A fresh attempt by US private equity firm Lone Star at a fourth takeover bid for Bank of Cyprus will also be shot down by the institution’s shareholders and the island’s financial authorities, according to well-informed media reports.
The Financial Times reported that despite seeing three cash offers rejected by the board of the biggest lender and scepticism from financial authorities, the fund appears determined to push for a deal to acquire the bank.
As the newspaper reported, the bank’s shareholders and the island’s financial authorities are ready to shut down any attempts as they are more than sceptical over the buyout fund taking over the island’s largest lender.
Earlier last week, Lone Star representatives were in Cyprus trying to convince authorities that their investment strategy in the domestic banking system is not an opportunistic venture.
Lone Star had reportedly cited their participation in the share capital of two major European banking institutions, German IKB Deutsche Industriebank AG and Portuguese Novo Banco SA.
Lone Star acquired the majority of the shares in both financial institutions when the banks had been placed under a restructuring regime.
Stakeholders told Lone Star that the acquisition of a banking institution primarily concerns the members of its management and, by extension, its shareholders.
“No doubt Lone Star had noted Cyprus has stabilised. System-wide bad loans have fallen 78%, about €7 bln lower, in the past five years. As a share of gross loans, NPLs stood at 11% systemwide. Bank of Cyprus, with 40% of the loan market, has done better getting its ratio closer to 6% at the end of June,” the FT report said.
“A rebound in economic growth should mean real GDP expands by 4.5% this year. While some links with Russian businesses linger, these now only account for about 2% of outstanding loans,” the newspaper added.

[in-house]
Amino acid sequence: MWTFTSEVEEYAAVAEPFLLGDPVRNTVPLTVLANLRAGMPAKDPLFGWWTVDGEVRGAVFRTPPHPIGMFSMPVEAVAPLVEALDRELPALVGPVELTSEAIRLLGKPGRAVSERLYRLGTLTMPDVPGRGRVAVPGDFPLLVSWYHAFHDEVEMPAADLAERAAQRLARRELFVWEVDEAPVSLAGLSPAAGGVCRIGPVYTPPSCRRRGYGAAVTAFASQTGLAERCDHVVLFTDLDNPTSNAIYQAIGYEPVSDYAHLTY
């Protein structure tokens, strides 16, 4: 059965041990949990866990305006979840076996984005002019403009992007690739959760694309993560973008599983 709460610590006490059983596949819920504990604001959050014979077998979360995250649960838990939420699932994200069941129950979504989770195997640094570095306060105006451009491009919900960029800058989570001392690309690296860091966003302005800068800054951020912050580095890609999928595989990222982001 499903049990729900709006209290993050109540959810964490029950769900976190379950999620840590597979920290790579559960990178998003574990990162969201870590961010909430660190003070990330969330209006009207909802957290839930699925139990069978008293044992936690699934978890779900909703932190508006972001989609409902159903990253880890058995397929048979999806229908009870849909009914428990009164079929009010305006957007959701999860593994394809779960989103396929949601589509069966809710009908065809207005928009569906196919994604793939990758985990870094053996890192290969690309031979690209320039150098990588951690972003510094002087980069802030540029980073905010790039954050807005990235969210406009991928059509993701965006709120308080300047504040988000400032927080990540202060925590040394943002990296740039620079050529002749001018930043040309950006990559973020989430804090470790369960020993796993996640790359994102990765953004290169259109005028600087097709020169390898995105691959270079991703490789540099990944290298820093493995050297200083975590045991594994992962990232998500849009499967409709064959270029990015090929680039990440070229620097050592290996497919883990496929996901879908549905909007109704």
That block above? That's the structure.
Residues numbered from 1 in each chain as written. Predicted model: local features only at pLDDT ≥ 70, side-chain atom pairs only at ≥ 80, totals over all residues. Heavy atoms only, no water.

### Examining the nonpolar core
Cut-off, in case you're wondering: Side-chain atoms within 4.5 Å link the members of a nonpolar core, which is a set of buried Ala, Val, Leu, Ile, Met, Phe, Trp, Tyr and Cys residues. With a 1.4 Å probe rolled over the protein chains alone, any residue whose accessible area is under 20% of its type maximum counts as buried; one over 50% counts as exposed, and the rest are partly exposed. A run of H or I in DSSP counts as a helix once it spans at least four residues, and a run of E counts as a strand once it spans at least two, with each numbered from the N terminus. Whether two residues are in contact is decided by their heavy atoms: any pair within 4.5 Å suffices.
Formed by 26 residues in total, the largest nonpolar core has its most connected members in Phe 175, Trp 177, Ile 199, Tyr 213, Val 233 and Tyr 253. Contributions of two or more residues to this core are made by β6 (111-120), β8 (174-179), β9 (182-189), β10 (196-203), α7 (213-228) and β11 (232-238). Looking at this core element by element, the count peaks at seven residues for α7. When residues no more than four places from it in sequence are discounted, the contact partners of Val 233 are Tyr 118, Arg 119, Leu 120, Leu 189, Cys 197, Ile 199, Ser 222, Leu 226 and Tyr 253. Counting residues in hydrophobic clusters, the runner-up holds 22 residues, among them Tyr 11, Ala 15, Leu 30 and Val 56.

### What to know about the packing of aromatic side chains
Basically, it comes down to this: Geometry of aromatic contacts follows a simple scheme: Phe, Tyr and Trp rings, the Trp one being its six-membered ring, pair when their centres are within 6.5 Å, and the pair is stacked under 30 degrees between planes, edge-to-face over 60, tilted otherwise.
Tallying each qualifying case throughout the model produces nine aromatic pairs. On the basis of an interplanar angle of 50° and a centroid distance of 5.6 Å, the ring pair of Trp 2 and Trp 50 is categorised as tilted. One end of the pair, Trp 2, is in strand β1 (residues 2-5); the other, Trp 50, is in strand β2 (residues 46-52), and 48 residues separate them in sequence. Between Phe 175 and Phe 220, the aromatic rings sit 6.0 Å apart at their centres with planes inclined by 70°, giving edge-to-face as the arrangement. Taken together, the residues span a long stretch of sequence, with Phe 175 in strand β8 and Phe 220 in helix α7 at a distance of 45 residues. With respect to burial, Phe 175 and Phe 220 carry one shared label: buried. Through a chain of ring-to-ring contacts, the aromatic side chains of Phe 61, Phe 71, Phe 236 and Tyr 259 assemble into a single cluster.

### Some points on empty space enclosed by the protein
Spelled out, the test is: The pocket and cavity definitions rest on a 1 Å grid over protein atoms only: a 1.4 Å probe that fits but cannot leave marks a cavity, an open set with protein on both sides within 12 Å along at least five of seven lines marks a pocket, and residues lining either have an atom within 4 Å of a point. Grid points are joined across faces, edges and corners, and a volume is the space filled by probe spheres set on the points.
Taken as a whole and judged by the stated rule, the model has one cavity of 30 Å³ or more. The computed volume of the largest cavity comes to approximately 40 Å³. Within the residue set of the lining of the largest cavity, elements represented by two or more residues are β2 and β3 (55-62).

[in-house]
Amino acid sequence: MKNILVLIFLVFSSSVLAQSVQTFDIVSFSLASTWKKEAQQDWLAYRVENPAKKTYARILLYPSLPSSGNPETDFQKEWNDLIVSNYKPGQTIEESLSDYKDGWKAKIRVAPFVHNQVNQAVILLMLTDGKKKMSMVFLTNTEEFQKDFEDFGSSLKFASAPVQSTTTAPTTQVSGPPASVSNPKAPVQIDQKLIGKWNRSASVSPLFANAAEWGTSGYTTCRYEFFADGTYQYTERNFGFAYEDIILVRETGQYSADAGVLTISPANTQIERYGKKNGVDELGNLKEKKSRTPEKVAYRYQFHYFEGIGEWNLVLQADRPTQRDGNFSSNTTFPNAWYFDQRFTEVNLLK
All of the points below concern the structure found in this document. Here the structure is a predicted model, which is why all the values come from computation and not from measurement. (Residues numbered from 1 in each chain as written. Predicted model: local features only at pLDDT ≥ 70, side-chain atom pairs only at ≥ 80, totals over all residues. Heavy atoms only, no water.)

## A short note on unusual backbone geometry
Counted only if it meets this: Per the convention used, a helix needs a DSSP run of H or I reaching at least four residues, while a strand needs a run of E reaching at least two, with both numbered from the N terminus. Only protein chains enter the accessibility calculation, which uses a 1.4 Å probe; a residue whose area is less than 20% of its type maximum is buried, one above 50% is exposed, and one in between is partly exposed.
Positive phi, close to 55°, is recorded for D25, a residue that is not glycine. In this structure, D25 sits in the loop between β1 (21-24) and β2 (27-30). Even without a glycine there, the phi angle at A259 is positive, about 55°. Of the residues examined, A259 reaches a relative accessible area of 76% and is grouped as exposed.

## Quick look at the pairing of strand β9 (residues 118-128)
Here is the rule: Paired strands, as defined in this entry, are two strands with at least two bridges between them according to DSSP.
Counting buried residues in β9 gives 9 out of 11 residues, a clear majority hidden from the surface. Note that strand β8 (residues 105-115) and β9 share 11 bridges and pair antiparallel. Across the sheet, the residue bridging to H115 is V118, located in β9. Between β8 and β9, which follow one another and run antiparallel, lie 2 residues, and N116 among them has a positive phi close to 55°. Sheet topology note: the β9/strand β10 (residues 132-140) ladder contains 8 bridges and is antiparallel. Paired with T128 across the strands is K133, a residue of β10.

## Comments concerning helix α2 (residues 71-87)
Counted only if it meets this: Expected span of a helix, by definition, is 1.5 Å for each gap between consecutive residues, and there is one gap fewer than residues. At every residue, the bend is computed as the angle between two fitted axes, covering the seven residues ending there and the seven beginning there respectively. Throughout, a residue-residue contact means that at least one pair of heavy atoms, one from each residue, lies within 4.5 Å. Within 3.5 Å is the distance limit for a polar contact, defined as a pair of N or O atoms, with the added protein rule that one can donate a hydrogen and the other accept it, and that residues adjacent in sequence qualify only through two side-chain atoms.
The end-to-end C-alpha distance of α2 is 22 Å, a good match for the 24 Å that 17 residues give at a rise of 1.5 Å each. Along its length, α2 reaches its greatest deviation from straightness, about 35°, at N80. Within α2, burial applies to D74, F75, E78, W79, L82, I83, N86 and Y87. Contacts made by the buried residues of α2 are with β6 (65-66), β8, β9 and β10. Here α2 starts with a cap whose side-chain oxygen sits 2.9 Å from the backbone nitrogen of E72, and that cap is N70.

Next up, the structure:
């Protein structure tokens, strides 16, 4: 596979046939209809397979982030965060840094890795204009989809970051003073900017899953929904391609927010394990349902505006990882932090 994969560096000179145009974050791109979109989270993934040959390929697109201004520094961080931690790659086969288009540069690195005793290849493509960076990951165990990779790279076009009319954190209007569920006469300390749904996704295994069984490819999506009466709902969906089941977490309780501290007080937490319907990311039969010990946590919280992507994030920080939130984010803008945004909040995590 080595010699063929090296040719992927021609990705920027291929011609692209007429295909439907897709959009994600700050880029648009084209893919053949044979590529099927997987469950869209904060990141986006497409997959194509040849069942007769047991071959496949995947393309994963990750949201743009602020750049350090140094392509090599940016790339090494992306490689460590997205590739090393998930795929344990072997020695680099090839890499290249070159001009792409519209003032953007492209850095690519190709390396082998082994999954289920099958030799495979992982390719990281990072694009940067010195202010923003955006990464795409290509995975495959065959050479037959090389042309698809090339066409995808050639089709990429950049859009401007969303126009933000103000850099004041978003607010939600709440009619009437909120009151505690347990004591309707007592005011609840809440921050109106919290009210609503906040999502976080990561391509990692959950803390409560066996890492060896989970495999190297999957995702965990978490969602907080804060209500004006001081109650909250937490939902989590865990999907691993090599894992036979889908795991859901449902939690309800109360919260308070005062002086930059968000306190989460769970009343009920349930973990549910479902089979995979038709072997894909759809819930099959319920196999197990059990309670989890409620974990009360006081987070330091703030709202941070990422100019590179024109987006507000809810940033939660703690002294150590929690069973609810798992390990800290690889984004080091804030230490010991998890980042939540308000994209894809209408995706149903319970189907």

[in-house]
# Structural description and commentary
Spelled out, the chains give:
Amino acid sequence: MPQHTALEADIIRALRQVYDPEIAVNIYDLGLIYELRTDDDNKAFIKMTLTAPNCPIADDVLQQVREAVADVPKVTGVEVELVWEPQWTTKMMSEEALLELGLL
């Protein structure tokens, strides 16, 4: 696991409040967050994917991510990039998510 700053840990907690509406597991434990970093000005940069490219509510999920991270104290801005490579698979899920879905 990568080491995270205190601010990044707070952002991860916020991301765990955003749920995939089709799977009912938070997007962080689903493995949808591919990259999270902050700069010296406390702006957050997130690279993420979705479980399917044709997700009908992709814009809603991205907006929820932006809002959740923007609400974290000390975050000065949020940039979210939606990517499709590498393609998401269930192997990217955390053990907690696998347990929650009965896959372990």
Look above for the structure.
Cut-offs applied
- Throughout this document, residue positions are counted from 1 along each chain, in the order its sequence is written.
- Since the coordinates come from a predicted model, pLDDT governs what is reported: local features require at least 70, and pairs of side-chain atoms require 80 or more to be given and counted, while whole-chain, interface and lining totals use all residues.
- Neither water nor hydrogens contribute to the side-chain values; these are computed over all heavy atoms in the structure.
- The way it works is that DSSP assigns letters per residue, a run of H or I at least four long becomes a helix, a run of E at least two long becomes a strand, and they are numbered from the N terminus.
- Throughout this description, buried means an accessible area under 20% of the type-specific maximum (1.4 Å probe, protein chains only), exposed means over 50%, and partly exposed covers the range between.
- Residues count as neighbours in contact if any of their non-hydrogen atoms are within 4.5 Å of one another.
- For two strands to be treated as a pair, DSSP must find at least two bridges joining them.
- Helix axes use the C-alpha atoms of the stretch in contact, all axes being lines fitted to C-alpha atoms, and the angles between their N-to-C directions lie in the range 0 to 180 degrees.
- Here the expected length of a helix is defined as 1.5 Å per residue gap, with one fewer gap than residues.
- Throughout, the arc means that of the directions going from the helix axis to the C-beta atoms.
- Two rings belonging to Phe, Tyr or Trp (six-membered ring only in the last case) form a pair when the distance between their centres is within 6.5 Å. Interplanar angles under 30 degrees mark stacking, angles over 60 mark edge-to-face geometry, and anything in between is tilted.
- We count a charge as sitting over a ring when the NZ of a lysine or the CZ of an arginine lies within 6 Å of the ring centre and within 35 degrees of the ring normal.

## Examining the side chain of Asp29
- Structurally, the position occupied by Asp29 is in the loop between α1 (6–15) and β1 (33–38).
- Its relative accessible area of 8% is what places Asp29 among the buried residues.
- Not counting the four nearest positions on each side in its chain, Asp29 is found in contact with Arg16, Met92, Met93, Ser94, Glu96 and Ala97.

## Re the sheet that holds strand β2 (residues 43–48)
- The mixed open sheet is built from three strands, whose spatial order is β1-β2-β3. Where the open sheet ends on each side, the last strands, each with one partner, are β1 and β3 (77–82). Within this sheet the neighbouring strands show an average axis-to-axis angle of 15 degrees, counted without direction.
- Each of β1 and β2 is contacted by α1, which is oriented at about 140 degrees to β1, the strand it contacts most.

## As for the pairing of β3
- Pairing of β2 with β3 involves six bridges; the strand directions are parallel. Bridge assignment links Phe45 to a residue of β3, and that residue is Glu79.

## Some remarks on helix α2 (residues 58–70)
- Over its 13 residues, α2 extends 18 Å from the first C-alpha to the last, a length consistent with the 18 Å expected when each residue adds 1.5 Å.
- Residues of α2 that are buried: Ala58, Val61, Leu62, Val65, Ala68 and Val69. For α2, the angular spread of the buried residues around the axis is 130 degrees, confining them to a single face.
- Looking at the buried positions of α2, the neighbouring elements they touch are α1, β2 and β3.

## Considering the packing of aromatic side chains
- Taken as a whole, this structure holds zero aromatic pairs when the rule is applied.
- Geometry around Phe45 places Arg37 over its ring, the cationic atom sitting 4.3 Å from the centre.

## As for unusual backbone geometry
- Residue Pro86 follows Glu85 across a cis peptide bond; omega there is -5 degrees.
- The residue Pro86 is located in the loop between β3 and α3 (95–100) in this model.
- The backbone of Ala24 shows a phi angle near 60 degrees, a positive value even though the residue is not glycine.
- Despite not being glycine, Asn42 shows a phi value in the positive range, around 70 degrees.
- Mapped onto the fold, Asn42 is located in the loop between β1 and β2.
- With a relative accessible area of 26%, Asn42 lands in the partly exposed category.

However, Lone Star has more than just the bank’s shareholders to worry about, as local financial authorities are also not on board with the takeover.
Concerned over the possibility that a major banking institution could end up in the hands of a private equity fund, the Ministry of Finance is preparing to submit a bill to parliament to establish a framework for controlling foreign direct investments.
This law incorporates into national law the relevant regulation issued by the EU concerning the control of foreign direct investments within member states.
The majority of EU member states have implemented this law since 2019.
It gives governments the right to assess whether a direct foreign investment is likely to affect the security or public order of the Republic of Cyprus and whether the company in which the FDI is planned operates in sensitive sectors, including systemic credit institutions.
The bill will be on the House’s Finance Committee agenda on 29 September.
Within two months, the American fund submitted three proposals for acquiring the Bank of Cyprus, which were unanimously rejected by the bank’s board.
Lone Star, which invests in real estate, equity, credit, and other financial assets globally, said it offered €1.51 per share for the bank, meaning the takeover would cost €727.25 mln.
Shares in the bank, up about 12% this year, were worth €1.25 at the time of the previous offer.
On Tuesday, the BoC share was trading at €1.335 on the CSE. ON the London Stock Exchange, it was trading lower at £111.35, down from Monday’s close of 118.00.
Lone Star’s first offer was made at the beginning of May, with a price of €1.25 and the second at €1.38 per share.
Bank of Cyprus currently has a market cap of €524.3 mln, according to financial market data provider Refinitiv, owned by the London Stock Exchange.
According to Irish regulations, Lone Star has until 30 September to file a new offer, as Bank of Cyprus Holdings Plc was incorporated in Ireland in 2016 to list on the London Stock Exchange. It was first quoted at £297.50 on January 14, 2017.